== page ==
Revamping 'Alex,' cleaning up 'Crumbs'
Maybe I've been at this "TV Eye" business so long that I'm crazy (or arrogant) enough to graduate from "I like this ... I don't like that ..." comments about television to "They should be doing it this way." Meaning, there are times very recently when I've either watched a new series or read a description of a new series launching in March when I thought: Not only did they miss the mark, the mark was staring them right in the face.
Let's talk about two shows that aren't bad, but are, from my emboldened perspective, aiming in the wrong direction.
Courting Alex (CBS): Jenna Elfman (Dharma & Greg) plays Alex Rose, a successful, attractive type-A lawyer with a lousy love life. That is, until she meets Scott (Josh Randall), a tavern owner who threw away his life as a former stockbroker, then as a fireman (what, he wasn't an astronaut, too?) to take over his dad's bar, count his blessings, and smell the roses. In other words, Elfman now plays Greg to Randall's Dharma, except without the hippie overlay.
They should be doing it this way: We've seen the big girl in the big-city workplace premise before (The Mary Tyler Moore Show, Suddenly Susan, Ally McBeal, the upcoming Pepper Dennis). It's a shame not to take advantage of the chemistry between Dabney Coleman, who plays Bill Rose, Alex's dad and boss. With five failed marriages, it's endearing and somewhat surprising that he wants his driven daughter to find love and settle down. If he hasn't found "true love," what makes him think it exists for any one else? I am less interested in the Dharma & Greg rerun than in seeing the generational and gender differences toward love and romance. Why not have Coleman's character look for love, too? As a person nearing the precipice of middle age, I adamantly say: He's old ... he's not dead.
Quick solution: Ditch Scott; get Alex (and Bill) lots of suitors; get rid of Julian (Hugh Bonneville), the leering next-door neighbor (or at least make him a former suitor); and give us some interesting, contrasting predicaments between two workplace companions who happen to be father and daughter.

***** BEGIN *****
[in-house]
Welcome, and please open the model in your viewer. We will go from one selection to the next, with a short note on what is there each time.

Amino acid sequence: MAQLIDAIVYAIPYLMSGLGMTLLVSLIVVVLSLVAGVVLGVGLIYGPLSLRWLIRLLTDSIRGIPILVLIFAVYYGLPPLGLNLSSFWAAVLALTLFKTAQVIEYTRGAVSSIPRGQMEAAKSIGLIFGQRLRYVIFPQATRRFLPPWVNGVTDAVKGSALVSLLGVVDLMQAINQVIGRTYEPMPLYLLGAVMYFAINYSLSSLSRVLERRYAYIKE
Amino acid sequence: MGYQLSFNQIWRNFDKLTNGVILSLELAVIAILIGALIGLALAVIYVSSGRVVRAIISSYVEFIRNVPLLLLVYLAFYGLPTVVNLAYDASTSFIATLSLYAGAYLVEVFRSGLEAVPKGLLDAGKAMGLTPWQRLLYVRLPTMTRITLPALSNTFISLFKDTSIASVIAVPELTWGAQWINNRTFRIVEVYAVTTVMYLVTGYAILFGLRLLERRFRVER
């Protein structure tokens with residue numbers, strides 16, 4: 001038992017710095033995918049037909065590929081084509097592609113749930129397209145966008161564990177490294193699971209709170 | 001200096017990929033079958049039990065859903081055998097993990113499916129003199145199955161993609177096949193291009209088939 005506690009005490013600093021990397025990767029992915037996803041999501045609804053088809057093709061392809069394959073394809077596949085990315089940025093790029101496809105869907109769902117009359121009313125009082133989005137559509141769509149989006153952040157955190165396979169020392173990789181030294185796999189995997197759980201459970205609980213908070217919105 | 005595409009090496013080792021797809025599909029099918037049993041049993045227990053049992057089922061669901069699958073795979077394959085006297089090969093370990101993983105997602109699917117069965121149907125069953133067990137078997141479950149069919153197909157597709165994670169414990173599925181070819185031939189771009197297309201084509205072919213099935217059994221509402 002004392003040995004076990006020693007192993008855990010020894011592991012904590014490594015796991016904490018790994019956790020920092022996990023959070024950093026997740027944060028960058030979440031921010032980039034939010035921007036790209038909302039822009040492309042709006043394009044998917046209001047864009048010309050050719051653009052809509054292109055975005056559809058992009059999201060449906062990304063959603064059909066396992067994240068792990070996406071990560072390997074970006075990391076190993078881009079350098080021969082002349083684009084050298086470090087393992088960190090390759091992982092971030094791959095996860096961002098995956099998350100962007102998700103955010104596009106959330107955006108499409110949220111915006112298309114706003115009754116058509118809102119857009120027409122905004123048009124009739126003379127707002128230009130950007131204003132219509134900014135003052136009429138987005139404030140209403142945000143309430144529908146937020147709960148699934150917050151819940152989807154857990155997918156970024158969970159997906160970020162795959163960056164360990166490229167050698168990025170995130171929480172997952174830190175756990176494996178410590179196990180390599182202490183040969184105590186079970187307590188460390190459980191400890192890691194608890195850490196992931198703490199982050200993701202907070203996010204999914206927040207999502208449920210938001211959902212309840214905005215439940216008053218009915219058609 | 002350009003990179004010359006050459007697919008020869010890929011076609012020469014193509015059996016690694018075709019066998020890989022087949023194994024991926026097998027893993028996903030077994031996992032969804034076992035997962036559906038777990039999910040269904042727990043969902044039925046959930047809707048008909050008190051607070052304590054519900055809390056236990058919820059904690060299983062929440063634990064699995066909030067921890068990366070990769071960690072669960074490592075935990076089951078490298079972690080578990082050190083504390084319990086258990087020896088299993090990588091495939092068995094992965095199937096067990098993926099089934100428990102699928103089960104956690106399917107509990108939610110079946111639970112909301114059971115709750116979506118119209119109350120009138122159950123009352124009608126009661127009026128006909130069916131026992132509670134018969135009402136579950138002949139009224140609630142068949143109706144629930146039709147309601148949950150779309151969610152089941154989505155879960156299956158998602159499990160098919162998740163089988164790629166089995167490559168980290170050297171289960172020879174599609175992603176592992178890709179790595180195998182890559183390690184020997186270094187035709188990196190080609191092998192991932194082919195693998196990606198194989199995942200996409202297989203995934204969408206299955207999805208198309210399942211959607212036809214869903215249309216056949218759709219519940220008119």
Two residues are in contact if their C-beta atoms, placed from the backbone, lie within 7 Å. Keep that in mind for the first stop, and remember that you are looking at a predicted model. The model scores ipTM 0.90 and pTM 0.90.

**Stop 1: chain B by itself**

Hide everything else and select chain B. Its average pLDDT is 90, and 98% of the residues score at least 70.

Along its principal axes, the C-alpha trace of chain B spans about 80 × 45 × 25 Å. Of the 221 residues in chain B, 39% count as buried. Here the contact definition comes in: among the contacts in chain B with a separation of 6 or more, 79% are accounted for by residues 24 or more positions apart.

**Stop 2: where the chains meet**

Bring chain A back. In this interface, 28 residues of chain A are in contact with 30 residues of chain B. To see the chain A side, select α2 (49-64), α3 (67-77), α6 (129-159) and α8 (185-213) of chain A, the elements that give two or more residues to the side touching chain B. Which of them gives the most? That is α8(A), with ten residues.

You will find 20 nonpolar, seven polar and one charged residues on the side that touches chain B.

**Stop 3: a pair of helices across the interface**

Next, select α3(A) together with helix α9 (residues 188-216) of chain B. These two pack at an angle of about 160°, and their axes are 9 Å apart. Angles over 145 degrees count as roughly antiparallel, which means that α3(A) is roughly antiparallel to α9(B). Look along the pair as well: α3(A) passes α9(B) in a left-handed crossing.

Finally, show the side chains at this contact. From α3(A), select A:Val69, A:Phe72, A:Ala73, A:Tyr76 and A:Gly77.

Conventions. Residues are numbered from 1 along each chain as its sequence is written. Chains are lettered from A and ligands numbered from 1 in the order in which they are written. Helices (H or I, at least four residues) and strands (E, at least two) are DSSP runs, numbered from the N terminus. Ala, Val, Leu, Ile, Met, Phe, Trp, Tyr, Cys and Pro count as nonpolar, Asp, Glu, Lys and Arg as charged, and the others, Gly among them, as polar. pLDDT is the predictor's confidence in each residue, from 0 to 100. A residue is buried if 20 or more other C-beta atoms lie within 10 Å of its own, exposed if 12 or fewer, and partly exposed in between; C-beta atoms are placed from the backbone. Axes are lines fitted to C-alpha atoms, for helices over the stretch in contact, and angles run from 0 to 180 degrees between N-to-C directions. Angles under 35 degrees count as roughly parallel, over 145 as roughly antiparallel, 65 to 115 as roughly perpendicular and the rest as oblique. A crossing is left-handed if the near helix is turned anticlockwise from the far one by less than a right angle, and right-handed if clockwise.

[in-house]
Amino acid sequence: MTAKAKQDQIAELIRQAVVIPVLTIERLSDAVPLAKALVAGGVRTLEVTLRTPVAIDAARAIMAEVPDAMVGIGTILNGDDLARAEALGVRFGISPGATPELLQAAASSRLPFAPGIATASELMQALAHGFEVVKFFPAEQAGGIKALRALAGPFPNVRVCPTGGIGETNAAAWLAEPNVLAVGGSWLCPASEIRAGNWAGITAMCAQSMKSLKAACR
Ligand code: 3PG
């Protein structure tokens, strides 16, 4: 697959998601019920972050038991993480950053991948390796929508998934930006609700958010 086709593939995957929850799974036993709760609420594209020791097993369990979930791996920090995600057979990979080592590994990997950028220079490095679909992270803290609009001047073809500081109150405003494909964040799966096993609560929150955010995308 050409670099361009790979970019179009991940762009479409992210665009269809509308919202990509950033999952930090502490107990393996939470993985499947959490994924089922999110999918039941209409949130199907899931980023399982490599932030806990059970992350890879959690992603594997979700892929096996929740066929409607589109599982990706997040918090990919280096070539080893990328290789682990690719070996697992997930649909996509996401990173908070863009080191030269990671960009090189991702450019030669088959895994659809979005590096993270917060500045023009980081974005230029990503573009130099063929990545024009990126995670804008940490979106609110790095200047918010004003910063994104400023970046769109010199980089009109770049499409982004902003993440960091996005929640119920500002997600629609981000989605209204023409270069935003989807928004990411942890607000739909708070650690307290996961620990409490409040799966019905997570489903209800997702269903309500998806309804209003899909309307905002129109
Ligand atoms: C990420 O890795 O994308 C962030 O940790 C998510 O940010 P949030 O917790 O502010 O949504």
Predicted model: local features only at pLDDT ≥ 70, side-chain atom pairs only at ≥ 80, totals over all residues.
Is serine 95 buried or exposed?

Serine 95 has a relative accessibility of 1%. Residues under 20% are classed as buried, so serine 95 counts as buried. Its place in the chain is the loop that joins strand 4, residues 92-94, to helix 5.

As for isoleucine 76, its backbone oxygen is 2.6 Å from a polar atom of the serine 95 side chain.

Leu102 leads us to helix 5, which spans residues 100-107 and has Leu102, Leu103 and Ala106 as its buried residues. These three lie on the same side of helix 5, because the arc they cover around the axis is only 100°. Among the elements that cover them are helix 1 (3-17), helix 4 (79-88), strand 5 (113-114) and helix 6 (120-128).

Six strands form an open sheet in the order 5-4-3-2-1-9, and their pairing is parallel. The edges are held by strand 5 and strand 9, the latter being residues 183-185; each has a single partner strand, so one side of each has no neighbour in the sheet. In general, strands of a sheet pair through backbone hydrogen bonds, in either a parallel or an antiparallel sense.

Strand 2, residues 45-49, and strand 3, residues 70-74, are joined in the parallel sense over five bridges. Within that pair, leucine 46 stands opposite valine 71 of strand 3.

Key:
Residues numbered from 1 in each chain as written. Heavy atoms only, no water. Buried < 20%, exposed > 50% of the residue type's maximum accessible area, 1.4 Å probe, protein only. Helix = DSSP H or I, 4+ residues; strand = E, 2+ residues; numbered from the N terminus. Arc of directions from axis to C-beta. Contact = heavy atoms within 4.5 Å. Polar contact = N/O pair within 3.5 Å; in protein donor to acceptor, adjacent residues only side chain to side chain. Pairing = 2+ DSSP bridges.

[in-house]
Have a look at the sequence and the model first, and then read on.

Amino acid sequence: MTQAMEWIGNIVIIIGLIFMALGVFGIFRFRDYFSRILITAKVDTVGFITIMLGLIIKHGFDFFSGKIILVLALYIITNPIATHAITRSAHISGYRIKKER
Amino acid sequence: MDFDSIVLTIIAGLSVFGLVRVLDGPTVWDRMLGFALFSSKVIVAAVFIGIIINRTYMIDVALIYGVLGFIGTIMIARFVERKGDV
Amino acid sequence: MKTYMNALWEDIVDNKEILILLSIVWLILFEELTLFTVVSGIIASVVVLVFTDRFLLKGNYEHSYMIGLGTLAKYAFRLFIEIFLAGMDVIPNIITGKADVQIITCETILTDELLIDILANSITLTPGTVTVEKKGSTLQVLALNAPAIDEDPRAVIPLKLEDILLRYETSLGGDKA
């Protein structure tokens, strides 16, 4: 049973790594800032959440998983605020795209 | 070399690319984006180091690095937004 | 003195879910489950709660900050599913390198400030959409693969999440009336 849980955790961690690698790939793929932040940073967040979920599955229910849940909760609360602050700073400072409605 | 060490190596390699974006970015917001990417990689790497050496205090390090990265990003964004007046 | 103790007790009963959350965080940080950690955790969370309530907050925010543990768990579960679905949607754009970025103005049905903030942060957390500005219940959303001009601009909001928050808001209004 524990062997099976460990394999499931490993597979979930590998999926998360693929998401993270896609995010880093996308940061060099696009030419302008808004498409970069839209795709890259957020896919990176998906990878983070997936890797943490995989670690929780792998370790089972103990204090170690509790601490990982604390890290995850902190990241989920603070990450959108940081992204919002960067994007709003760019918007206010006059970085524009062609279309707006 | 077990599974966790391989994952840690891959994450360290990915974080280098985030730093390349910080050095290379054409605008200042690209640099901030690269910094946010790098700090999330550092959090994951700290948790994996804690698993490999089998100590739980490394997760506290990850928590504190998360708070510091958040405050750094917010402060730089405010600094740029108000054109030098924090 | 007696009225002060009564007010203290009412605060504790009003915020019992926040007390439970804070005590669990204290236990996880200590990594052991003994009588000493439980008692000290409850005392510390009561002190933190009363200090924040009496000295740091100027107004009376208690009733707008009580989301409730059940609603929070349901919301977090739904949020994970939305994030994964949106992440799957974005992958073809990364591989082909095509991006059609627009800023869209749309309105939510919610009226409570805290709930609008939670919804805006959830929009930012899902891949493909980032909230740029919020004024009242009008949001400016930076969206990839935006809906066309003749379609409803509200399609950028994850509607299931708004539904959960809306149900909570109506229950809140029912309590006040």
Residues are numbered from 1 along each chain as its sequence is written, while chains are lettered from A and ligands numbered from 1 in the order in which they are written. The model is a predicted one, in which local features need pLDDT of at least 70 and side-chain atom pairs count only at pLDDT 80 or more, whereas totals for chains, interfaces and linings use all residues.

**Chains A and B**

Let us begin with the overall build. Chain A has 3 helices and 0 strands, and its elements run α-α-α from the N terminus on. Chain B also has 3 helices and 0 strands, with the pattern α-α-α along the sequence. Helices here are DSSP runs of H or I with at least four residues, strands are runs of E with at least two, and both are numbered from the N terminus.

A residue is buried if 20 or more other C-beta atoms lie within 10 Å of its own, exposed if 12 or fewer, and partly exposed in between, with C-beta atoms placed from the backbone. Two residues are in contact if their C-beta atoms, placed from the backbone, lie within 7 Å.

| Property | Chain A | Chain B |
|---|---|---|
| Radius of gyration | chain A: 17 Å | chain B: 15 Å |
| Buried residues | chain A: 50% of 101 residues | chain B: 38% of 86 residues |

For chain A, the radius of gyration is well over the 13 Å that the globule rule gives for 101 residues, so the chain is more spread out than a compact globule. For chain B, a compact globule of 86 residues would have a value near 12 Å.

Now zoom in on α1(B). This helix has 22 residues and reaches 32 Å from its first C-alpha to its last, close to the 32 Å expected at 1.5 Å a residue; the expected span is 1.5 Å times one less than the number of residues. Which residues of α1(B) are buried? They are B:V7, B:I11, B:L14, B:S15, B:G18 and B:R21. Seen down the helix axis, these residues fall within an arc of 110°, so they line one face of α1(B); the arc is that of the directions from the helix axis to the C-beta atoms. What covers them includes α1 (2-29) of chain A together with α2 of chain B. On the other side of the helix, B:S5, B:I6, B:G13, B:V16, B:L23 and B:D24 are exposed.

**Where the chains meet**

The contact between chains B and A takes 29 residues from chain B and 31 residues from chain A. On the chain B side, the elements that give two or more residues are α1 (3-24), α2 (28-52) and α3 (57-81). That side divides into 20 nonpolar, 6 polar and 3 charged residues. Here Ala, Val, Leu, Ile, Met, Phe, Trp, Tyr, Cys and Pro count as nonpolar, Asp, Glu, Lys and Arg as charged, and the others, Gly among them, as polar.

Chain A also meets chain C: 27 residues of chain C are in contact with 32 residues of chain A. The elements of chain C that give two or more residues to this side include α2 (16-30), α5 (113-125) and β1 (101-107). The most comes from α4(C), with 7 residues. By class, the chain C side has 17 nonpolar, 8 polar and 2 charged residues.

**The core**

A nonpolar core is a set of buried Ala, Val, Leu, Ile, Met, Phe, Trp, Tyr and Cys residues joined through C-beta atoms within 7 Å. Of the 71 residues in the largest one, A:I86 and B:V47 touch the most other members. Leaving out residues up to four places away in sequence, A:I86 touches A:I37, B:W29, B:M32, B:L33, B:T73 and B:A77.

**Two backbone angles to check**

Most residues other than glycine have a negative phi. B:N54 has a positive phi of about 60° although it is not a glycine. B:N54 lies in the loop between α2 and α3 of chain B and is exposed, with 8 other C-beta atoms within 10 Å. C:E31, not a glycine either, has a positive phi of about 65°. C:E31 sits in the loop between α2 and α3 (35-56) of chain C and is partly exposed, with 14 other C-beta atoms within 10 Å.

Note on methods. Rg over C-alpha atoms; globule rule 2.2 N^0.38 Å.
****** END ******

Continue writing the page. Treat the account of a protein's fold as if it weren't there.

Crumbs (ABC): Fred Savage is all grown up, starring as Mitch Crumb, the prodigal son who went off to seek his big break in Hollywood. Mitch returns home following his mother Suzanne's (Jane Curtin) nervous breakdown after dad (William Devane) dumped her for a younger woman. Oh, and Mitch is gay, but his family doesn't know it a common secret on recent new series. (To their credit, Four Kings put a spin on the secret by revealing that one of their foursome isn't gay ... he's a Republican!). Speaking of secrets: Mitch's big break crested; he's broke; and he actually needs his job at the family restaurant, but he's too proud to tell his family. Apparently serving as a window into the family's dysfunction is a family tragedy about a dead brother.
They should be doing it this way: I've never been much of Curtin fan, but there's a lot more to harvest from her loopy Suzanne. Middle-aged, injured, and adrift, her clumsy efforts to find meaning in her life the mother of children who don't need her, the wife of a man who ditched her is an enormously interesting contrast to her son, who is also at a plateau. It's also the source of the show's considerable humor, as when Suzanne forgoes the divorced middle-aged women's group and joins a support group for former crystal-meth addicts. I would like to see Suzanne be the centerpiece of the series. Keep Mitch; keep ex-husband Billy; and, especially, Elvis (Reginald Ballard), the African-American orderly who became Suzanne's lover when she was institutionalized and is now her buddy. Pare down or eliminate the roles of petulant son Jody (Eddie McClintock) and Andrea (Maggie Lawson), a confidante and relative who works in the family restaurant.
Courting Alex airs Mondays at 8:30pm on CBS. Crumbs airs Tuesdays at 8:30pm on ABC.
Real Time With Bill Maher returns for a fourth season next Friday, Feb. 17, with more provocative chatter on contemporary political issues. No changes in format, which includes Maher's opening monologue; in-studio and satellite guests; and best of all, the roundtable discussion, itself always invigorating, infuriating, but always worth a listen. Maher's "New Rules" segment is saucy and irreverent, and, though it's not mentioned in HBO press materials, let's hope that makes a return as well. No word at press time who the roundtable discussants will be. Real Time With Bill Maher airs Fridays at 10pm on HBO.
As always, stay tuned.